Here’s a link to the Imagine That! blog at Psychology Today. Authors Michele and Robert Root-Bernstein make a compelling and empirically-backed case for the importance of arts education in promoting innovation and creativity. The full article is: Artsmarts: Why Cutting Arts Funding Is Not a Good Idea | Psychology Today.
For the most part, I agree with the Root-Bernsteins’ reasoning and I certainly appreciate their message. I am concerned, however, that this continues the argument that for the arts to be worthwhile (and worth investment), they have to lead to a concrete, tangible, economic benefit. This is an argument that people have been making for years and I just don’t think it’s doing much good. You can’t treat art like a commodity with a specific return on investments. The cause-and-effect is either too long (e.g., the case for its role in education) or too diffuse (e.g., as in urban development).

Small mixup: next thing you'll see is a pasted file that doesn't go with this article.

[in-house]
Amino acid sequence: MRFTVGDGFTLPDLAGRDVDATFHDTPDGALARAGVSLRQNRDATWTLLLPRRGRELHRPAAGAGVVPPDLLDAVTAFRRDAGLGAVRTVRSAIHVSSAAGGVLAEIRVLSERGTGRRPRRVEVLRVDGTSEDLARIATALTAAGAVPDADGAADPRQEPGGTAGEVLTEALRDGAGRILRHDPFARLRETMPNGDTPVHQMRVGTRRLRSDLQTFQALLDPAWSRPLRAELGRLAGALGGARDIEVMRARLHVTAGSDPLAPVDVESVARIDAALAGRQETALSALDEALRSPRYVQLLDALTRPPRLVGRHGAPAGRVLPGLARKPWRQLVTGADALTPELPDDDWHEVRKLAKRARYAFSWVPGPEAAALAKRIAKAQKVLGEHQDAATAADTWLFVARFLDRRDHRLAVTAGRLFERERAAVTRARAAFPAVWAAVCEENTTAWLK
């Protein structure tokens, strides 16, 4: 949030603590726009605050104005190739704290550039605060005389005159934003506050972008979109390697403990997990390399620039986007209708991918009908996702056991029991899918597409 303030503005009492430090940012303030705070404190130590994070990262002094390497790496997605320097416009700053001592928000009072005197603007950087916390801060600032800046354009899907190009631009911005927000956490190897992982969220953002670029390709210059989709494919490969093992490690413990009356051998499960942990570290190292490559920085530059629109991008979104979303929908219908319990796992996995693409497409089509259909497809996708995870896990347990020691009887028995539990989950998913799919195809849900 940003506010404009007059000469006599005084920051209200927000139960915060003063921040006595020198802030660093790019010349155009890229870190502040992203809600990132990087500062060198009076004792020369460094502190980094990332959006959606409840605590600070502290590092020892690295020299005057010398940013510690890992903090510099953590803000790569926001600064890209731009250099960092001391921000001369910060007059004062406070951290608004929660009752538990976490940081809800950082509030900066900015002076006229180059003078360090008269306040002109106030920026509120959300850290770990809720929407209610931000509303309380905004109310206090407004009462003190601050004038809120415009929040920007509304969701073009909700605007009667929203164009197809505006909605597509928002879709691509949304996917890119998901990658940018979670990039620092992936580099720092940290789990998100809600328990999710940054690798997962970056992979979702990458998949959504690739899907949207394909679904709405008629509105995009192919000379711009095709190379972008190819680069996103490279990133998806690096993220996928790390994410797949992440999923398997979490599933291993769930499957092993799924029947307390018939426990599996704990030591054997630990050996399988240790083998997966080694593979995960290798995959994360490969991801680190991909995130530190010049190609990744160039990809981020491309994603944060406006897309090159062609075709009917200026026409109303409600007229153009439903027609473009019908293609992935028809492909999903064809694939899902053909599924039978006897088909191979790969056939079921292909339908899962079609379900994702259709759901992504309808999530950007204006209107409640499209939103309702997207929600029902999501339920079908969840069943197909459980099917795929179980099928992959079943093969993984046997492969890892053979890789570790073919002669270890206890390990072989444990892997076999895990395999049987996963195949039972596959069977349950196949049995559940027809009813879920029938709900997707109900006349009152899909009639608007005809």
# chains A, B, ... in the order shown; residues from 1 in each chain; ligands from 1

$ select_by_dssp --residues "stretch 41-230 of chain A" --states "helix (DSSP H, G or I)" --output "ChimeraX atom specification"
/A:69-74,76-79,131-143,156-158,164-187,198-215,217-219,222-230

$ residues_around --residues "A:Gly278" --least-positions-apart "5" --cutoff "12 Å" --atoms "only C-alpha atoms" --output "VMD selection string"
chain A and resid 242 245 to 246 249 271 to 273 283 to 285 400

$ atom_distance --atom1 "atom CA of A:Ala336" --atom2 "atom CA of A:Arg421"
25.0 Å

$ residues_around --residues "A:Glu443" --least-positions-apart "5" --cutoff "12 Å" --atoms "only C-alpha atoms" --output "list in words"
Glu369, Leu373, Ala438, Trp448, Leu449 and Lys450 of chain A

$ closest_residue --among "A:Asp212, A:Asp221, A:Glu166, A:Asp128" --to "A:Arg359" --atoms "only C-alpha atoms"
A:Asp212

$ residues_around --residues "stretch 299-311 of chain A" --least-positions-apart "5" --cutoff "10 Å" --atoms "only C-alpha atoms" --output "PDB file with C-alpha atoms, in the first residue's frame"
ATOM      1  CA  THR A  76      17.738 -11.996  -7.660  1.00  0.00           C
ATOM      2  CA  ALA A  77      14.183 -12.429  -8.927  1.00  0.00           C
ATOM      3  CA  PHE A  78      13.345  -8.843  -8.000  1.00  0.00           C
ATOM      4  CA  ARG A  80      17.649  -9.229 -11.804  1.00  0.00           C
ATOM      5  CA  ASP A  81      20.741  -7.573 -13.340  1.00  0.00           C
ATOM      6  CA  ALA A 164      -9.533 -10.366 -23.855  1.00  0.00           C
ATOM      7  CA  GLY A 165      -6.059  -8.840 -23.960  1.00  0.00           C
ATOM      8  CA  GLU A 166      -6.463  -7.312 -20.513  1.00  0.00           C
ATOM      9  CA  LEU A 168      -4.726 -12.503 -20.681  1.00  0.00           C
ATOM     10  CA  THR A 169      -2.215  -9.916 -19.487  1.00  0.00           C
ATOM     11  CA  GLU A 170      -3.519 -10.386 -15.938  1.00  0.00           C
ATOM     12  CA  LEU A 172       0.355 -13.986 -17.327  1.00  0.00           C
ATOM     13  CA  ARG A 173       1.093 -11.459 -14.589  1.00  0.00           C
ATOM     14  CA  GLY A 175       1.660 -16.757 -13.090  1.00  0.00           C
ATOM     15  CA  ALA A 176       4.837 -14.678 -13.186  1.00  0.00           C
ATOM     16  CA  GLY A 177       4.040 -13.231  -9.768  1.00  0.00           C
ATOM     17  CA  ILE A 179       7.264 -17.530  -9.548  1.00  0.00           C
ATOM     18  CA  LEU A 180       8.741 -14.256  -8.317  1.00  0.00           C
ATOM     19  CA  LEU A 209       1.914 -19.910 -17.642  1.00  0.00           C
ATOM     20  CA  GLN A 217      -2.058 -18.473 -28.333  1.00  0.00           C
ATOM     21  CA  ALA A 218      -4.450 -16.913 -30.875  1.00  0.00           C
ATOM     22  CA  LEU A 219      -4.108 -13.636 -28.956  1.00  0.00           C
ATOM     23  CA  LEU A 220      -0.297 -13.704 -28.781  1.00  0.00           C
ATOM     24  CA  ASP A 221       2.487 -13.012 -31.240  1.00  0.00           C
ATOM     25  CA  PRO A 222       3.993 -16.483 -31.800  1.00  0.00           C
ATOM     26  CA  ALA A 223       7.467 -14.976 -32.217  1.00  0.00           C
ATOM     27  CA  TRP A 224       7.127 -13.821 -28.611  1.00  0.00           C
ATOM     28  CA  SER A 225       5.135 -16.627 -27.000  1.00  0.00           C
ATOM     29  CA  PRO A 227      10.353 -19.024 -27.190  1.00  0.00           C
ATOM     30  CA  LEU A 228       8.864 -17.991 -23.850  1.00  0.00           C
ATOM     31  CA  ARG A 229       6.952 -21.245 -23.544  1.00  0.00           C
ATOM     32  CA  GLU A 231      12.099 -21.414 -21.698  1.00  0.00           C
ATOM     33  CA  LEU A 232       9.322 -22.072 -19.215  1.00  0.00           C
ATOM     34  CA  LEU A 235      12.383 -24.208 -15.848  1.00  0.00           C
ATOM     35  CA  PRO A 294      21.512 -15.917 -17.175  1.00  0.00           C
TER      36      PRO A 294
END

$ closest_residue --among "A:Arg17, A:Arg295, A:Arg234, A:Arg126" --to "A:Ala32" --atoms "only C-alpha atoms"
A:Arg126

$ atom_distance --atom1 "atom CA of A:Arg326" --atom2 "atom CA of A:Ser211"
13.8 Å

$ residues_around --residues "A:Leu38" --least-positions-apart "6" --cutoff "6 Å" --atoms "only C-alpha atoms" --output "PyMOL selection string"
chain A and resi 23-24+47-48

The solution, of course, really isn’t apparent. The US seems unable to do any long-term thinking and investing for a while now. Those with means have certainly worked hard to protect and enhance their resources, but as a society, we’ve short-changed many long-term investments for the quick cash, the quick turnover, and the quick fix. That’s not a sustainable environment for art, which tends to be expensive, local, and time-consuming.
I’m not sure what argument will work to support the arts, but I hope we find one soon. Just as there’s no real way to make a quick buck, I’m not sure there’s a quick fix to the current attack on arts. And, I’m not convinced that those who seem intent on destroying all public support for the arts will ever feel the effects of its loss.